the checkout desk. Especially at the beginning of the year I do not have =
ask students their name, I can call them by name which helps me learn =
name.  I also don't embarrass or disappoint a student by not remembering
their name, getting a sibling's name etc. At the beginning of the year =
kindergarten I call out the names and have them line up in the order of =
cards and then check them all out. This is until they know their printed
name. Once the class can recognize their name I use the same system as the
other grades. Hope this helps.
BTW - I use the backs of card catalog cards for barcode cards.
Diane Mentzer
Library Media Specialist, Technology Coordinator, + Webmaster
County Computer Educator of the Year for 2000
Paramount Elementary School
Hagerstown, MD
The cards are definitely NOT too difficult for Kindergarten - I even use
them with my PreK students.  The names on the printed barcodes are rather
small, so I take a sharpie marker and write their first name in large
letters below the barcode for grades PK-2.  It really helps the PK's & K's
to reinforce the spelling of their own names.  99% of my PK students
recognize their own name before Christmas break, and so do the K's.

And it really speeds up checkout.  I cannot possibly remember over 480
student's names, and asking them their name at the desk takes time.    =
the cards, I simply repeat the name when they hand it to me (that way if
they have picked up the wrong card they realize it) scan the card and lay =
aside, scan their books and they're on their way.   (Note:  for the PK &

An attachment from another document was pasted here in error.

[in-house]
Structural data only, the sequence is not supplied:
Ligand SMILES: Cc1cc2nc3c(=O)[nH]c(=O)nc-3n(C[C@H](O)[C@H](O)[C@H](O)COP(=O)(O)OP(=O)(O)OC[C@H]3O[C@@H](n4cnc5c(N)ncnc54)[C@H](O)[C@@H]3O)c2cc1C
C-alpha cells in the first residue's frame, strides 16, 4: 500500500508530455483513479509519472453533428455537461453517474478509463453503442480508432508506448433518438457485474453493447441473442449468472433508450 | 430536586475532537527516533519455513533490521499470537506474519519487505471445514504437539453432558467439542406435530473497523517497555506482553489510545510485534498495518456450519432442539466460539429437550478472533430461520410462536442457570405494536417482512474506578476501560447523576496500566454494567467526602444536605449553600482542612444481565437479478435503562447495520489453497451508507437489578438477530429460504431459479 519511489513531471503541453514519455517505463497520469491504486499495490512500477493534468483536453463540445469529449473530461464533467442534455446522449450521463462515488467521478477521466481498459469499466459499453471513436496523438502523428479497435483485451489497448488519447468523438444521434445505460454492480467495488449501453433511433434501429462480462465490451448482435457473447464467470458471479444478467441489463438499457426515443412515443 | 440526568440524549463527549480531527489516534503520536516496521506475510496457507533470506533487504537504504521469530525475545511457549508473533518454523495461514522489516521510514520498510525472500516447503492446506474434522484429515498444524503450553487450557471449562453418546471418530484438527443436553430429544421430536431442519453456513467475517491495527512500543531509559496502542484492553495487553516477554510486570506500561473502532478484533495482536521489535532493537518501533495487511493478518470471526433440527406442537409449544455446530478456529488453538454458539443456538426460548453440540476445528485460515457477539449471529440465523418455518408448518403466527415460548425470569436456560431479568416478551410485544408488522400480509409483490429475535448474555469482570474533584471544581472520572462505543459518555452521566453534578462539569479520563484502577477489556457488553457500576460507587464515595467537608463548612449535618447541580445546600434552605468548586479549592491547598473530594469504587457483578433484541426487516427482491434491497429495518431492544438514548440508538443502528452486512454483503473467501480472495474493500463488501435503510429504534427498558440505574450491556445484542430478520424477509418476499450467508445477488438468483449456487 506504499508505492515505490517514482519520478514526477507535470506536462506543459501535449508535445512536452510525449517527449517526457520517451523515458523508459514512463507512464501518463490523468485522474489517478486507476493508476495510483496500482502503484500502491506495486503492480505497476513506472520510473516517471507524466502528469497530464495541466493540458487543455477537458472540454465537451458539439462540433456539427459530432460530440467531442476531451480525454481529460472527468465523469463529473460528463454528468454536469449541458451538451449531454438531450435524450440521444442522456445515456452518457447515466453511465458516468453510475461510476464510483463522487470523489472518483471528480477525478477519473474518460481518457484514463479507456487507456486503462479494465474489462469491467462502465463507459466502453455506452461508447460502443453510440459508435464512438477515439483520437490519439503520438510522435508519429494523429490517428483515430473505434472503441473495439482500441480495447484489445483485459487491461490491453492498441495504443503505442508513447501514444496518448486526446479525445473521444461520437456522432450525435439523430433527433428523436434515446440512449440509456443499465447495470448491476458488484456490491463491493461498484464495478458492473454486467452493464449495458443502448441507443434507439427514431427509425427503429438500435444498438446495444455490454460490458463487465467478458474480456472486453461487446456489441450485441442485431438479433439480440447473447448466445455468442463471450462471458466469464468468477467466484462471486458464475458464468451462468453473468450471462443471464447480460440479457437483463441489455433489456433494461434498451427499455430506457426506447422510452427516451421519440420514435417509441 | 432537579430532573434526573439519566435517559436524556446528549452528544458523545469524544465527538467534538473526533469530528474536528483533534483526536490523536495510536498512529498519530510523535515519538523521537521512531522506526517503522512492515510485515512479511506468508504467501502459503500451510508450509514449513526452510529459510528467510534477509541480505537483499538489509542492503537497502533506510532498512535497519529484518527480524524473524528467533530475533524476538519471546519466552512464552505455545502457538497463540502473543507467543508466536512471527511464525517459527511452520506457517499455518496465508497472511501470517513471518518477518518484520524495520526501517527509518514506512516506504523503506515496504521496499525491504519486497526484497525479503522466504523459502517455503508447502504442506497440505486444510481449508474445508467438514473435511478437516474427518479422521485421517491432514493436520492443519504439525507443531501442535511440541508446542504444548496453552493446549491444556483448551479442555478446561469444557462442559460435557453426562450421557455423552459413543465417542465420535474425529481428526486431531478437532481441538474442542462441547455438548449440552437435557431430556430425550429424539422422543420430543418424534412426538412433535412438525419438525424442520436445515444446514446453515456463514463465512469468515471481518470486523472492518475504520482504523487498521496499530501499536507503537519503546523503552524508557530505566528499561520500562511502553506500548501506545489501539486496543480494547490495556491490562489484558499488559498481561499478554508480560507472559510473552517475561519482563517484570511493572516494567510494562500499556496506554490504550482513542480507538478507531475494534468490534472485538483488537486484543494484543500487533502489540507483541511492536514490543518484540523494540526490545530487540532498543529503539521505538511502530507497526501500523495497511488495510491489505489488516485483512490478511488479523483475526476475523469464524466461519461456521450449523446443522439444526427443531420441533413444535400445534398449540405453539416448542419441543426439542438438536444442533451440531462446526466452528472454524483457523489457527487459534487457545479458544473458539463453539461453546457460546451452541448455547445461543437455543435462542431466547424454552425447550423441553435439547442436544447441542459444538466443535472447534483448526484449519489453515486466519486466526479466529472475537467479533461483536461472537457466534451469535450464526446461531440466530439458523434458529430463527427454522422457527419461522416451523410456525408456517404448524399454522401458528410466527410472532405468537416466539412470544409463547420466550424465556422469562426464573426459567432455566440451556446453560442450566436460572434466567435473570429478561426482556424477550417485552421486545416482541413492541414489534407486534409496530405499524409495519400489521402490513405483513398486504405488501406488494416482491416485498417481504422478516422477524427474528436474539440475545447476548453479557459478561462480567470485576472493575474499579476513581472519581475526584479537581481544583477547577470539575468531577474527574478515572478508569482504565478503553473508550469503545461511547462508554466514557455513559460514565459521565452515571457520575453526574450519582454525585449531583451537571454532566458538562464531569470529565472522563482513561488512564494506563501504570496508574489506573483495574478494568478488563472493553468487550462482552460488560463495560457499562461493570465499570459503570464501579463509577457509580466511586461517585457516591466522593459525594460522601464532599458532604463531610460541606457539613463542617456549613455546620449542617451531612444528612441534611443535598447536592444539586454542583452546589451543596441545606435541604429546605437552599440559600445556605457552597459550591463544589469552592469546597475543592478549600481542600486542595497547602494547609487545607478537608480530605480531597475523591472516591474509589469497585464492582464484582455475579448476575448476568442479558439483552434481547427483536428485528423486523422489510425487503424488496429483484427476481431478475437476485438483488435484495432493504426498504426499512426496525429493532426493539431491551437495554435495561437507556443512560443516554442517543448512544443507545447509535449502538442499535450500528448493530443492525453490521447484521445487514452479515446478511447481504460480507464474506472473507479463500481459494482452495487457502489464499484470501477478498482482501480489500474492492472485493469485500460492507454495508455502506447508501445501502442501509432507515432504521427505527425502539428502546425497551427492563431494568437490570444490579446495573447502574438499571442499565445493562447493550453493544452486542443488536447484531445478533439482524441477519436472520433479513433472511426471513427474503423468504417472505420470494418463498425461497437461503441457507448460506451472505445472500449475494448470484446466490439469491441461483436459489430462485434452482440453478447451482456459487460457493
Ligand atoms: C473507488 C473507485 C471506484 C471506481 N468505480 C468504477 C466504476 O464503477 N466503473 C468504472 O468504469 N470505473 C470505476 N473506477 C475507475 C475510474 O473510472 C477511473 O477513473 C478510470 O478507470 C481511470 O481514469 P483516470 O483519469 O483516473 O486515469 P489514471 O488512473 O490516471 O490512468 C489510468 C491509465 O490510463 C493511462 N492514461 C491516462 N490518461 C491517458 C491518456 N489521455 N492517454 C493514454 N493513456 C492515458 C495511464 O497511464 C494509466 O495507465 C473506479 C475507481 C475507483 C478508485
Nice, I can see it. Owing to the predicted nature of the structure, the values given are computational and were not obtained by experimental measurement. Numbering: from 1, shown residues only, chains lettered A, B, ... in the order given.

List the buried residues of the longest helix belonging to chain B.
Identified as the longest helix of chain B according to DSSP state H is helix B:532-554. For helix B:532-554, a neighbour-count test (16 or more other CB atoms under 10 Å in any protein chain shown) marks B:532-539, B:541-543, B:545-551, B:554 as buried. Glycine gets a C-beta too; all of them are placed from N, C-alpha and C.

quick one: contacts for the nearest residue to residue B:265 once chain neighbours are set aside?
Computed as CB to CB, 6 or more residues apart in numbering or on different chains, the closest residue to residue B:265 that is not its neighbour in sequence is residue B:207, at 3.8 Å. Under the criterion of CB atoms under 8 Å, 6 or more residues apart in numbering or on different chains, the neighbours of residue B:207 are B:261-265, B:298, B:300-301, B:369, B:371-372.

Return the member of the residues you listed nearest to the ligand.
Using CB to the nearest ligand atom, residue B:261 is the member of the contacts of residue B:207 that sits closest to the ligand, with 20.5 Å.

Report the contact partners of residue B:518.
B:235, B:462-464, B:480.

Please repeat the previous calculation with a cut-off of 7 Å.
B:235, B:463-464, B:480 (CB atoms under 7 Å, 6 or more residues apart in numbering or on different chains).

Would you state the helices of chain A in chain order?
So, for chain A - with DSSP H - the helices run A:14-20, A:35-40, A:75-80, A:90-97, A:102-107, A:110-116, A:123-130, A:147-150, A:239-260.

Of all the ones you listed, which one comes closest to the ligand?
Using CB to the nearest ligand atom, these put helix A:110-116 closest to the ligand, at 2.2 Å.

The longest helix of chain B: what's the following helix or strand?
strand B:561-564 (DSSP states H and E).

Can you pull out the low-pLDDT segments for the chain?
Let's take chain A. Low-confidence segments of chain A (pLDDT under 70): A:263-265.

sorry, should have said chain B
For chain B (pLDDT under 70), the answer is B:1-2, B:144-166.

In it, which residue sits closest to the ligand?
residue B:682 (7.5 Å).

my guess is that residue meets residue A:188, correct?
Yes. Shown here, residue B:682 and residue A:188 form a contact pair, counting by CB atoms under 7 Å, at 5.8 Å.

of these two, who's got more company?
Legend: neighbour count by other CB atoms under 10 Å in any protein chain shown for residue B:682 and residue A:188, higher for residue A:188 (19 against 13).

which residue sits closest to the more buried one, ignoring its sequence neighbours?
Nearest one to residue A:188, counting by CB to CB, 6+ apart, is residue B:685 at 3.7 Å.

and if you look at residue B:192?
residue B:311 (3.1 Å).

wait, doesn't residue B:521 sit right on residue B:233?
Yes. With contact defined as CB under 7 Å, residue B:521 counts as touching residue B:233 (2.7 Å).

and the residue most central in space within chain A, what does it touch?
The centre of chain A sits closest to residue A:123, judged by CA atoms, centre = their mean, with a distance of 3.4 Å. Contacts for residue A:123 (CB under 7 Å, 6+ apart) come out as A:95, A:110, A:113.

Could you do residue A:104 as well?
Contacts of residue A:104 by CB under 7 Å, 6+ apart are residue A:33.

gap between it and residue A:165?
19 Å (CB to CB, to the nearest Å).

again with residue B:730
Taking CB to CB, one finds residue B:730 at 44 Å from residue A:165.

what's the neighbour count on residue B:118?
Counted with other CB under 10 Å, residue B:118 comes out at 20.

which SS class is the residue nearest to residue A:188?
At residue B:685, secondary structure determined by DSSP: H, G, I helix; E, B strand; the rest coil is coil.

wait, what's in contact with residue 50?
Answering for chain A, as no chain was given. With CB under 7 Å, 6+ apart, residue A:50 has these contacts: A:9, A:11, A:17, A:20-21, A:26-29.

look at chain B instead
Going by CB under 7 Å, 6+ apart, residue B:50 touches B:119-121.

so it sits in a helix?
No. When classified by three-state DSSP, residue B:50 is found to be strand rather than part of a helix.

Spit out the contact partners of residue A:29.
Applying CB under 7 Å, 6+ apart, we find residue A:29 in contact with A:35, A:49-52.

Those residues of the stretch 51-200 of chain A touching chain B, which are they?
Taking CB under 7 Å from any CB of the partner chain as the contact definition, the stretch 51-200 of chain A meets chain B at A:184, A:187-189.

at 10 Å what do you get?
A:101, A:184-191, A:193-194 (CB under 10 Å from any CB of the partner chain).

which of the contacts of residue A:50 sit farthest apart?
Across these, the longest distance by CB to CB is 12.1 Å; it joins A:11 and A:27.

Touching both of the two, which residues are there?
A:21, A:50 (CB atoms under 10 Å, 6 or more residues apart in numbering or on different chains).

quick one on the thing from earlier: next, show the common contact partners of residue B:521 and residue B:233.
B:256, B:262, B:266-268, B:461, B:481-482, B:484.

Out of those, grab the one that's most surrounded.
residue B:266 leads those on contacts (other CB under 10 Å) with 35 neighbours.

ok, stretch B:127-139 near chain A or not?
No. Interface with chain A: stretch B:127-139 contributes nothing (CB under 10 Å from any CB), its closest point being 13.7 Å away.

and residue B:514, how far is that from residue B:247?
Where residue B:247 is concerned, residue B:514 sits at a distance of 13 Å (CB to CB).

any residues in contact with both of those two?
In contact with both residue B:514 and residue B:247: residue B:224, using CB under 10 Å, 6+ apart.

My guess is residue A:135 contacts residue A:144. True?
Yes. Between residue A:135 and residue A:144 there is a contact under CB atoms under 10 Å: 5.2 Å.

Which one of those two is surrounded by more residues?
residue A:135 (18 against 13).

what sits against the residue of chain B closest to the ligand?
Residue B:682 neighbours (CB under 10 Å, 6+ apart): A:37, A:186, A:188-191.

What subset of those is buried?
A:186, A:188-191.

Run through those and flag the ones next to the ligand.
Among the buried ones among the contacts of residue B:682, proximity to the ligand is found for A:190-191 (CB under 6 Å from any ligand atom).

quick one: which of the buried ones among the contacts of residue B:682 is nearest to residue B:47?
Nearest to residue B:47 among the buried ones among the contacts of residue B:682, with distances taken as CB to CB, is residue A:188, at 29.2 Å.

K's, I also read the name of the book they are checking out each time,
sometimes pointing out certain letters, etc.  - they really love that!  If =
get in a hurry and forget, they remind me!  Even reading titles,  I can
check out a class of 22 students in less than 5 minutes.

I also use the cards when a student withdraws to make notes about any =
they are missing, the date they withdrew, and which school they transferred=

to.  I make notes on the back of dates contacted about missing books, etc.
and keep them in a card file.  At the end of the year I can quickly
calculate how many books were "lost" due to move-aways.  I include that
statistic on my annual report.

I spread the cards on a table top near the circ desk.  I can see at a =
how many cards are left - and figure about how many students have not yet
checked out their books.  Some of my classroom teachers even use the cards
to make notes of who is reading chapter books, and who is still in the =
readers, or who consistently does not bring their books back on library =

Leah Hawkins, Librarian
West Hurst Elementary
Hurst, TX
  Go with the notebook.  It'll save you lots of headaches.  K-2 kids don't
carry wallets/purses generally so if you do cards they're not only going =
forget them, they're going to mangled and they're going to be fumbling =
them plus the books.  I've used the notebook system for 10 years now and
it's been terrific.   I put the teacher's barcode on the same page too =
I do a separate page for teachers and other staff.
Good luck,
Joanne Proctor, Librarian
Most Pure Heart of Mary School
Topeka, KS